International Telecommunication Union WTPF 2001 Opinion D: Essential Studies to facilitate introduction of IP Telephony Invites the three ITU sectors to initiate studies to facilitate the introduction of IP Telephony on: –compatibility and inter-operability of radio access between IP networks and PSTNs, –working definitions of IP telephony and Internet telephony –whether, and to what extent, to require compatibility with the existing international telephone service, including developing appropriate performance metrics and QoS –Whether, and to what extent, IP Telephony can be part of national PSTNs and whether traffic identification and measurement need to be considered –identifying the cost elements of international IP connectivity with respect to the introduction of IP Telephony Invites the ITU-D to establish a group of experts to: –Prepare a checklist of Factors to be considered; –Advise on the policy impacts in developing countries; –Prepare a report to the next World Telecom Development Conf.
International Telecommunication Union Information resources ITU Internet Reports 2001: IP Telephony Secretary-General’s report (sole working document of the Forum) Chairman’s report (output of Forum) Website: www.itu.int/wtpf Country case studies: Canada, China, Colombia, Egypt, Korea (Rep.), Nepal, Peru, Uganda, etc
International Telecommunication Union ENUM & Convergence Problems of addressing calls that pass from one network service to another: –Now widely possible to originate calls from IP address-based networks to other networks –But uncommon to terminate calls from other networks to IP address-based networks –To access a subscriber on an IP address-based network, some sort of global addressing scheme across PSTN and IP address-based networks needed ENUM may be “glue” solution…
International Telecommunication Union ENUM Resolution DNS +1 202 456 1414 18.104.22.168.22.214.171.124.0.2.1.foo.tld Page:18001112223334445Page http://insite.whitehouse.comHTTP Tel:+1202 456 1414TEL Smtp:email@example.comSMTP Sip:firstname.lastname@example.orgSIP Service AddressProtocol ENUM converts an E.164 telephone number into a set of service addresses Client Software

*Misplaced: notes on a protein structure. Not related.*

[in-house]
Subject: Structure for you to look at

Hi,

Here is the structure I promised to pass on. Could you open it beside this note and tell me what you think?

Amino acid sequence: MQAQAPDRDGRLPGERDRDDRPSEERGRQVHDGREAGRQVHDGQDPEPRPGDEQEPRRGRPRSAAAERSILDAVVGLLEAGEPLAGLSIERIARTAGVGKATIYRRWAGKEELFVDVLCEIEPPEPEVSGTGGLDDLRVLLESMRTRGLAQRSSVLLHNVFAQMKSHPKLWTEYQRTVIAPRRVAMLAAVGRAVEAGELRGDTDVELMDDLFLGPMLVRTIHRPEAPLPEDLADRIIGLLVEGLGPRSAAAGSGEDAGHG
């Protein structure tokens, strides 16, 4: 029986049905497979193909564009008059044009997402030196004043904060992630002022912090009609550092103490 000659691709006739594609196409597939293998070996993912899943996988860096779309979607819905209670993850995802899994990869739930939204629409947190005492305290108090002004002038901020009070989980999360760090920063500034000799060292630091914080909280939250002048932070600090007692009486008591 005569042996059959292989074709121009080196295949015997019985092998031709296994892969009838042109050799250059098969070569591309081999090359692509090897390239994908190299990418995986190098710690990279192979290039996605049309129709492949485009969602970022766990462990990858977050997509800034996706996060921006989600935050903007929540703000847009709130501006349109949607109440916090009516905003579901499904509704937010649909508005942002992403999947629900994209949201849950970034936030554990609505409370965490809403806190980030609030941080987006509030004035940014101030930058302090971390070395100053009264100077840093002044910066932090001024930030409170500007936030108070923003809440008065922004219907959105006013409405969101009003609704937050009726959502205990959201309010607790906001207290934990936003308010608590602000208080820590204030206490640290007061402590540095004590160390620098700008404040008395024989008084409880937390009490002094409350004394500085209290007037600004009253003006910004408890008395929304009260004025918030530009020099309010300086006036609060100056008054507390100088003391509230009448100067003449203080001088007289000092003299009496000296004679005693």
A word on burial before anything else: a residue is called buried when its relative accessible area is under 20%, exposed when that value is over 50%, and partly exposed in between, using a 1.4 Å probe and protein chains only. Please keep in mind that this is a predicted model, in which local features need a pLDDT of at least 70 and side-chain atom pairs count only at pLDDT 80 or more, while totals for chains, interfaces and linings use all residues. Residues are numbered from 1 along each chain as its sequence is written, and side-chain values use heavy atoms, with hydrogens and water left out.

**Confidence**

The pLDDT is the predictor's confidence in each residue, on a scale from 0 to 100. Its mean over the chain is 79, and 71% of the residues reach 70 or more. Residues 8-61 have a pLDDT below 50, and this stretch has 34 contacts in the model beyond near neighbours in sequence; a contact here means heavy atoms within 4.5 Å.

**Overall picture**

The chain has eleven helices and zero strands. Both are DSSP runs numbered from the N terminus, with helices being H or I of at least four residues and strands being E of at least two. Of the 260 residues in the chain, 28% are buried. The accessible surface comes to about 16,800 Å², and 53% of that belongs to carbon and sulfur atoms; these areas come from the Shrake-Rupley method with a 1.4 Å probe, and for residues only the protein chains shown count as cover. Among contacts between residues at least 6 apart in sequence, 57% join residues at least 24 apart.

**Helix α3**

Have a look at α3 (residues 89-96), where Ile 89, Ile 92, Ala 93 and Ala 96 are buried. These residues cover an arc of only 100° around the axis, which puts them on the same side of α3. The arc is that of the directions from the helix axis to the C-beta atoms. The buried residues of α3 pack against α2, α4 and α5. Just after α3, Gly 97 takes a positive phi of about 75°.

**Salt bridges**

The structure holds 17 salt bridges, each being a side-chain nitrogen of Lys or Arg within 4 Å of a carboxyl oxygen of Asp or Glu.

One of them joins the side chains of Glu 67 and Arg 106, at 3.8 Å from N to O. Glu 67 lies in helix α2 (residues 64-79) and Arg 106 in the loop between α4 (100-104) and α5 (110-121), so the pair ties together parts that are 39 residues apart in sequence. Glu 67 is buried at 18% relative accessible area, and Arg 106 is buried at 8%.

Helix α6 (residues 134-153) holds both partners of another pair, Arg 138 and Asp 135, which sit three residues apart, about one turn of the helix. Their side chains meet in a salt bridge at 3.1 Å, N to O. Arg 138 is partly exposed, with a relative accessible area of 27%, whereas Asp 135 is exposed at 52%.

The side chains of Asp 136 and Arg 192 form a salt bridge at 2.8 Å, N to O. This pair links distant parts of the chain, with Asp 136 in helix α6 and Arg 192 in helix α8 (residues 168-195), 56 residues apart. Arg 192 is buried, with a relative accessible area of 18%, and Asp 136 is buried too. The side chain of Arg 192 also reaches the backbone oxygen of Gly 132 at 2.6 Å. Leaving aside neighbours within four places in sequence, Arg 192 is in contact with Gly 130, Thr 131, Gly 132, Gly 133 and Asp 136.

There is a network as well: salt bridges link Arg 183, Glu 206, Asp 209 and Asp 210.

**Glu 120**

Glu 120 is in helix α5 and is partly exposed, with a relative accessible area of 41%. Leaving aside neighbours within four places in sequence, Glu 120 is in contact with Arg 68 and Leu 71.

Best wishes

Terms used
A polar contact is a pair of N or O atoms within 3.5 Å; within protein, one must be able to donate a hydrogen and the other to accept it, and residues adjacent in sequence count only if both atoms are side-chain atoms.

International Telecommunication Union From Secretary-General’s Report to ITU Council 2001 ENUM potentially renews the question of the appropriate framework for management of naming and addressing in an increasingly converged telecommunications and Internet/IP environment. It is likely that implementation of ENUM may introduce further review of public policy objectives vis-à-vis the DNS and the E.164 numbering plan at national and international levels.
International Telecommunication Union Views of INTUG Possible that ENUM might have effects on some or all of the following: –integrity of national numbering schemes –competition between service providers –telecommunications network security –number portability –carrier selection –emergency services calls (including the passing of location information) –privacy –control over personal records –control of slamming
International Telecommunication Union Thank you…